Under Pius XII the salvation of 'nonbelievers' was discussed in connection with the necessity of belonging to the true Church in order to be saved. The encyclical Mystici corporis (1943), after declaring that the Catholic Church alone is the Mystical Body of Christ, spoke of the possibility of belonging to it not by formal membership but 'by a kind of unconscious desire and intent' (inscio quodam desiderio ac voto, DS 3821). The pope seemed to imply that this latter type of belonging, even though it did not give the full benefits of incorporation in the visible organization of the Good Shepherd, might suffice for salvation in the case of persons inculpably ignorant of the true faith.

In 1949 the Holy Office, in a letter to the Archbishop of Boston, declared that an 'implicit intent' (implicitum votum) could suffice, provided that it was accompanied by supernatural faith and perfect charity (DS 3870-72). These texts, while not dealing directly with the kind of faith required for salvation, implied that explicit faith in Christ and the Church would not be necessary in the case of the unevangelized....

As late as the mid-twentieth century Leonard Feeney , S.J., and his followers at St. Benedict Center in Cambridge, Massachusetts, proclaimed that no one could be saved without joining, or explicitly intending to join, the Roman Catholic Church. Feeney's pessimistic position was, however, rejected by the Roman Congregation of the Holy Office, which asserted, as already mentioned, that a merely implicit desire to join the Catholic Church, if accompanied by faith and informed by perfect charity, could suffice." (The Assurance of Things Hoped For: A Theology of Christian Faith, pp. 259-260, 262).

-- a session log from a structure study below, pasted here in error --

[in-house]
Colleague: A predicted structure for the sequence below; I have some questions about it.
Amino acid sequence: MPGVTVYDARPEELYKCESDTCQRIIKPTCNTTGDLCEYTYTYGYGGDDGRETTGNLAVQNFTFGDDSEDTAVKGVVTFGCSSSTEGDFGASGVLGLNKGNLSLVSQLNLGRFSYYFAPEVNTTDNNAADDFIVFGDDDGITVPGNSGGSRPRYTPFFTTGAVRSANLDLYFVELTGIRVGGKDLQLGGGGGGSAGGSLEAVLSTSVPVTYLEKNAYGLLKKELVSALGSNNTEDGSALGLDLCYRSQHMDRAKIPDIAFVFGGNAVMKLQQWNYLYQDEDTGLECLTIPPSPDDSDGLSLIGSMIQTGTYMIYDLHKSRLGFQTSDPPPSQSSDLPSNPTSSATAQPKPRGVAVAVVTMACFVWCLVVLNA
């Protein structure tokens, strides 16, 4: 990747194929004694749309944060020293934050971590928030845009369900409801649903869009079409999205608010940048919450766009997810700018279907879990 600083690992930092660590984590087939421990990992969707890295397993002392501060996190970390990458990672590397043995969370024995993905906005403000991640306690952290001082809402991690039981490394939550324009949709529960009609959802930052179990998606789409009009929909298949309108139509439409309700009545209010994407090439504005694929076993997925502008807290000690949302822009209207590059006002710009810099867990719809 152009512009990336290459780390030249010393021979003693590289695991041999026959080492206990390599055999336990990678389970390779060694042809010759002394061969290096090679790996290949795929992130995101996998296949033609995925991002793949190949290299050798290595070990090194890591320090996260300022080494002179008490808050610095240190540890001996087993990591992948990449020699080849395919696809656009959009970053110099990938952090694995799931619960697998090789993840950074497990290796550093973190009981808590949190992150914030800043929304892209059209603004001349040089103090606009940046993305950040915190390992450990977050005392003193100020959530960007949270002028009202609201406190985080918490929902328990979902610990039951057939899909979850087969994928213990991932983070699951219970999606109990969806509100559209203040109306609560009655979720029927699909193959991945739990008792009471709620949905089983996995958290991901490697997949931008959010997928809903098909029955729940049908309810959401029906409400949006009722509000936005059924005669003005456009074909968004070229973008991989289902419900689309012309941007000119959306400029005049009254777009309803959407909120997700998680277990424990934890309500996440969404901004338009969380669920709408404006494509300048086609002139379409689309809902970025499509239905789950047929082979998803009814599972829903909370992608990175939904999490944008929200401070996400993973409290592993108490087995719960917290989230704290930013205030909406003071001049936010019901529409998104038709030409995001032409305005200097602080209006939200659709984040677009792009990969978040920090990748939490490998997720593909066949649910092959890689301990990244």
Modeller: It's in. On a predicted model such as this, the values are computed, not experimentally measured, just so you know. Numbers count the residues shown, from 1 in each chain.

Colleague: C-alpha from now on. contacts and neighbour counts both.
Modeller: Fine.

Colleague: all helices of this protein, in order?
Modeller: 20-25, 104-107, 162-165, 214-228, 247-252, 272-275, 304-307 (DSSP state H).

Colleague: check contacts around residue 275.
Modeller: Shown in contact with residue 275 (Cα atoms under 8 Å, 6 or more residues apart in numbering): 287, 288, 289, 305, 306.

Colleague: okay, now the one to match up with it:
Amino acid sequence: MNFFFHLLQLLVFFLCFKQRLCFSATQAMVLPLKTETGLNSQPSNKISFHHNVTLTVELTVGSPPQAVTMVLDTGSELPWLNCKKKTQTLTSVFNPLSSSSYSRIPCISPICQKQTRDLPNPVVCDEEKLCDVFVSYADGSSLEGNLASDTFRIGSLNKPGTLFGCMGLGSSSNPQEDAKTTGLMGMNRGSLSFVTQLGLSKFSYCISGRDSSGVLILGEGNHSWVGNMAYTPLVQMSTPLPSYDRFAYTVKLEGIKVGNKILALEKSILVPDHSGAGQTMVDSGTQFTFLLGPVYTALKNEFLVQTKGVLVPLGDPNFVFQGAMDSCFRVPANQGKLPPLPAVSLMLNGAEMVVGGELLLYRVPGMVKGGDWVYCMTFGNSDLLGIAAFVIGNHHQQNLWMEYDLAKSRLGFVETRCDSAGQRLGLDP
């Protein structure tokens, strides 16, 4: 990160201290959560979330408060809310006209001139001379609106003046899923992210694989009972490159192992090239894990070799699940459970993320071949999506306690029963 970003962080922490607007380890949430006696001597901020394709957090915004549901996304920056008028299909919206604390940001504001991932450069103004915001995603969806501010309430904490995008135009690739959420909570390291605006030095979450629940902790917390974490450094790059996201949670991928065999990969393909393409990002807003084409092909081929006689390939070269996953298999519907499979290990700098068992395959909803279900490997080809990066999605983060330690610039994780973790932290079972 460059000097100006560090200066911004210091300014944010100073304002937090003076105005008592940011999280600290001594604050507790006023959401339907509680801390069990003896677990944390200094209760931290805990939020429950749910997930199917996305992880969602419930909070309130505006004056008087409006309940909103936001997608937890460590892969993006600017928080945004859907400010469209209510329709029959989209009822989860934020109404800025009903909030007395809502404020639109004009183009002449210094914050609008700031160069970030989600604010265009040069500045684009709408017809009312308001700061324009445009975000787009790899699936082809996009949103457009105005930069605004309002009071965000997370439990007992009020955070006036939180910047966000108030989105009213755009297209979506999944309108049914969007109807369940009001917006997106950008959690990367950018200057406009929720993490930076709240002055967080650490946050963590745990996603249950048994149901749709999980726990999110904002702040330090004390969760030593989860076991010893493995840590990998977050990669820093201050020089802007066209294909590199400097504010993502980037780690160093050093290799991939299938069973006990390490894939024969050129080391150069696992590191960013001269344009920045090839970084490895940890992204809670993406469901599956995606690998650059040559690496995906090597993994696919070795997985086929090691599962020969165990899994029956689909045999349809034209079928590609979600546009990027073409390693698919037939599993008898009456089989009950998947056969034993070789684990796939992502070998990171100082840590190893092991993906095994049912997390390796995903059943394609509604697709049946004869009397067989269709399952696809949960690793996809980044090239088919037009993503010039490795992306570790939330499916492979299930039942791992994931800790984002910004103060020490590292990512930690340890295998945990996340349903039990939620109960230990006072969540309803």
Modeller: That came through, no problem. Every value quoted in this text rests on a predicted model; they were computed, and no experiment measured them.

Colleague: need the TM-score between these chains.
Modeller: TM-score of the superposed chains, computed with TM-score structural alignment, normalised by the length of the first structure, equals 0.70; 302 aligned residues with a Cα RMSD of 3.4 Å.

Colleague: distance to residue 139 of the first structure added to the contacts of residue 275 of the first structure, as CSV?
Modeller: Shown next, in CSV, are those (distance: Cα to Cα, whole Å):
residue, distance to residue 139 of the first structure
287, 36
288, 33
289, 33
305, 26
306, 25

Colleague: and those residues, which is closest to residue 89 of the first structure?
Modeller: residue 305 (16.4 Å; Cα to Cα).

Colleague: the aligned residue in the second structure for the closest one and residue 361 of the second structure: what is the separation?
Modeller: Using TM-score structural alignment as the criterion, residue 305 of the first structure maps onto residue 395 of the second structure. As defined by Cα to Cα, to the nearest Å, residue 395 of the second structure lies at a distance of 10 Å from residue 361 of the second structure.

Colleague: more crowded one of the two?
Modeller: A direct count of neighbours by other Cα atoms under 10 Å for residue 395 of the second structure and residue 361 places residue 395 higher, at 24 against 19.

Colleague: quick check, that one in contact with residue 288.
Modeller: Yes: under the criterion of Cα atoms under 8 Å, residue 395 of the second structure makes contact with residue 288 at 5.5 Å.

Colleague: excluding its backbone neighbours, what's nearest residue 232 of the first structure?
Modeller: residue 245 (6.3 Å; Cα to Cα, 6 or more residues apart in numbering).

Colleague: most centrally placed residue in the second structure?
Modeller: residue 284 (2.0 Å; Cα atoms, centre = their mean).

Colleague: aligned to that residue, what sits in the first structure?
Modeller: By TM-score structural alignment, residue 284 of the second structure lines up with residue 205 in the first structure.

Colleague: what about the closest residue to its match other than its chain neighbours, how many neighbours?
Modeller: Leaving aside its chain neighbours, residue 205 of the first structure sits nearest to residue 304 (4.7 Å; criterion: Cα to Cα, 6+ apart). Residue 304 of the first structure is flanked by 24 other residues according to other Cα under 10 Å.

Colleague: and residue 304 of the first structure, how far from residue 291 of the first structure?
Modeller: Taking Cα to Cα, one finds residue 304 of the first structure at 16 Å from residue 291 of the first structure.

Fr. Brian W. Harrison has no authority to contradict the Teaching Magisterium of the Church. Neither do the followers of the late Fr. Leonard Feeney. As Richard B [a Catholic apologist from the Worcester Diocese] explained at the Holy Cross Cardinal Newman Society website:

"Theologians are not in any way the Teaching Magisterium. Fr. Feeney or any of his followers are in error to think that they can, in any measure, take on the charism of the Teaching Magisterium and thereby proclaim what the dogma [Extra Ecclesiam nulla salus] is all about...Only Peter, by himself alone, or with the Bishops, who are one with Peter, have the charism to proclaim the content of this dogma."

Well said Richard. This situation is very serious. Followers of the late Fr. Leonard Feeney who are defending his rejected interpretation of the dogma are continuing to sow the seeds of dissent from the Church's authentic teaching on the subject. This situation needs to be addressed in a meaningful way by Church authorities.

Related reading here and here.

* The Congregation for the Doctrine of the Faith, in its 1990 Instruction on the Ecclesial Vocation of the Theologian, distinguishes clearly between questions which theologians may raise about authoritative but noninfallible teachings (nos. 24-31) and dissent from such teachings (nos. 32-41). The document judges that questioning can be compatible with the "religious submission" required (see Lumen Gentium, No. 25), but it firmly and unequivocally rejects dissent from such teachings as incompatible with this "religious submission" and irreconcilable with the theologian's vocation. Dissent from infallibly proposed teachings (such as the Church's understanding of the dogma "Outside the Church no salvation") is a fortiori excluded. This teaching is outlined quite clearly in the Catechism of the Catholic Church, which Pope John Paul II says, " a statement of the Church's faith and of Catholic doctrine, attested to or illumined by Sacred Scripture, the Apostolic Tradition, and the Church's Magisterium." (Apostolic Constitution Fidei Depositum, No. 3). In this same Apostolic Constitution, Pope John Paul II states that the Catechism " the result of the collaboration of the whole Episcopate of the Catholic Church." (No. 2).